A Guru is For Life

Last Sunday morning I sat in the 6am darkness, listening to BBC Radio 4’s ‘Something Understood’. It was my first chance to hear the episode I’d scripted and recorded on the topic of gurus – a subject that had been … Continue reading

Hallowed Be Thy Name

At the beginning of the summer I got the opportunity to write and record an episode of ‘Something Understood’, a long standing BBC Radio 4 programme which examines a really diverse range of themes from a spiritual perspective. I was … Continue reading

“You can work hard, you can do so many things, but unless there is grace, everything doesn’t come together.”

Last September I had the good fortune of interviewing some amazing Indian classical music artists for the Darbar festival. I am not quite sure how and why it was me that got to speak with them, but I felt very … Continue reading

A Guru is For Life

November 7, 2017 | 0 comments

Last Sunday morning I sat in the 6am darkness, listening to BBC Radio 4’s ‘Something Understood’. It was my first chance to hear the episode I’d scripted and recorded on the topic of gurus – a subject that had been requested by the producers.

Something Understood has been going since 1995, and is an interesting programme that deals with topics of religion, spirituality, and the larger questions of human life – explored through speech, music, prose, and poetry. I appreciate that such a programme exists, in a time when it seems increasingly less PC to speak of religion and spirituality in mainstream media, except when related to war, terrorism and prejudice.

The request for an episode about gurus was something that stirred up a lot of thought for me. As I mention in the broadcast, the word ‘guru’ can carry so much baggage and misconception. Though I believe in the importance and great value of gurus, I have seen and heard a lot in my life so far, and I know that there are so many reasons to be wary of the concept. I wanted to touch on that in the episode, but also make a case for the rewards of seeking and finding a genuine guru – however difficult that may be.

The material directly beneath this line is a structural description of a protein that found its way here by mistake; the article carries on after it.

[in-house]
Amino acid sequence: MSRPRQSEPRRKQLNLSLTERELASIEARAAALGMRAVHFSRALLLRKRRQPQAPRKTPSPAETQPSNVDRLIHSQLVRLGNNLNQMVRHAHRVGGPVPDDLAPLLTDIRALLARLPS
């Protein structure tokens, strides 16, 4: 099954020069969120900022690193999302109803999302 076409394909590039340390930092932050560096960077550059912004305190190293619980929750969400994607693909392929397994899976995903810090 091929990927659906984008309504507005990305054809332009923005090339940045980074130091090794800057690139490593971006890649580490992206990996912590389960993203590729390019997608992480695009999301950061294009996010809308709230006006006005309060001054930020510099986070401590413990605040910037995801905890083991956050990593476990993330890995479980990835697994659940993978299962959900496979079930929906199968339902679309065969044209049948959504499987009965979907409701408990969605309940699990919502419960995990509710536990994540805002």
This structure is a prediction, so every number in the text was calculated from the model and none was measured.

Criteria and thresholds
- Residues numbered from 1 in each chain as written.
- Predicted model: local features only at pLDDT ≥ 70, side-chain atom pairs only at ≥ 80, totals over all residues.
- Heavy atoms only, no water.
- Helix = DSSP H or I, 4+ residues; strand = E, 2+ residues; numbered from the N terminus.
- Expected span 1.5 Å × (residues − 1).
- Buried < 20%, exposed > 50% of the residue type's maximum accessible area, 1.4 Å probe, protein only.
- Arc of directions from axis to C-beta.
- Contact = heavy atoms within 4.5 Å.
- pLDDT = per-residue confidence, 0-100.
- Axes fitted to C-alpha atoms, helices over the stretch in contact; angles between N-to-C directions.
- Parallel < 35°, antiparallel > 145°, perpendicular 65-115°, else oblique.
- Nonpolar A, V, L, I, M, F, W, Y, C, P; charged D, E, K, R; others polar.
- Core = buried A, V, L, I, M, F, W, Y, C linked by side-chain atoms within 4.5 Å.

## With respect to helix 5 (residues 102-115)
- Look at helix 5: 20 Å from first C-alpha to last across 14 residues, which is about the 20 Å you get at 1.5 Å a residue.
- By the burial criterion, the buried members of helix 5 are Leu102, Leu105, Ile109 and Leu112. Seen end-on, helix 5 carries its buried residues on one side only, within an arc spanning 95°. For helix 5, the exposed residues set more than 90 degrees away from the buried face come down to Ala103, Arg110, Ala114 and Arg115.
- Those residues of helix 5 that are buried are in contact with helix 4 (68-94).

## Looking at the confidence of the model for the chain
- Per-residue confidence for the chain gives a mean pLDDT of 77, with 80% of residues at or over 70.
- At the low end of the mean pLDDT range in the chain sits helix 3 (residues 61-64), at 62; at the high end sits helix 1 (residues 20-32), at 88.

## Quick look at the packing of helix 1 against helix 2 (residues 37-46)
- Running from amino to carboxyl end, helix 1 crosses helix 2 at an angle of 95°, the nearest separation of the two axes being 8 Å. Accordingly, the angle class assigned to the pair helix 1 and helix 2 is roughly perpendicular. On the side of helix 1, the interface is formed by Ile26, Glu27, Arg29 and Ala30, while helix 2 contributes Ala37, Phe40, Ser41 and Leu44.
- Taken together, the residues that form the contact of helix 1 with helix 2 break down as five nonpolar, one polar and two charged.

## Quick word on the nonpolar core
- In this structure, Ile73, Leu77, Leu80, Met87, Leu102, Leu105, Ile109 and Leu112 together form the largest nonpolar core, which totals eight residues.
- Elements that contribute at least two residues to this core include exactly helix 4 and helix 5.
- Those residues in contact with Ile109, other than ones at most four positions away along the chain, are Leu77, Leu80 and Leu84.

One of the most fun things about writing these is choosing the music and readings – in this episode, everything from the soundtrack to Disney’s Pinocchio to the Sufi giant – Abida Parveen. My joy with this one though was sharing one of my favourite recordings — A.C. Bhaktivedanta Swami Prabhupada, my grandfather guru, singing ‘Prayer to the Six Goswamis’. It’s a recording I’ve listened to countless times in my life, and is iconic for many – though I’m sure totally unknown to most listeners of the broadcast. He sings with so much sincerity and humility, a song of praise that describes the behaviour and characteristics of ‘The Six Goswamis’ – six medieval saints of the Krishna bhakti tradition, whose contributions are as visible and powerful today as hundreds of years ago. I believe in the vibrational power of sacred sound, and that language need not always be understood to experience its depth and essence. I hope that the message and final music of the programme will be uplifting for those who listen.

If you would also like to (for the next 28 days on BBC iPlayer) – here’s the link: http://www.bbc.co.uk/programmes/b09cvwr3

 

Hallowed Be Thy Name

September 12, 2017 | 0 comments

At the beginning of the summer I got the opportunity to write and record an episode of ‘Something Understood’, a long standing BBC Radio 4 programme which examines a really diverse range of themes from a spiritual perspective. I was really surprised to be asked to do it, since they don’t often take on new contributors. Funnily enough, nearly 10 years ago I wrote a radio script for one of my final degree projects, based on the format and style of this exact programme. Life moves in interesting ways!

I really enjoyed the experience of writing and recording it and was relieved that people seemed to like it too, once it was broadcast. Talking about faith and spirituality feels so opposing to the usual flow of mainstream media these days, that it’s refreshing to be able to share quite freely and broadly in this way.

You can listen to it through the link below.

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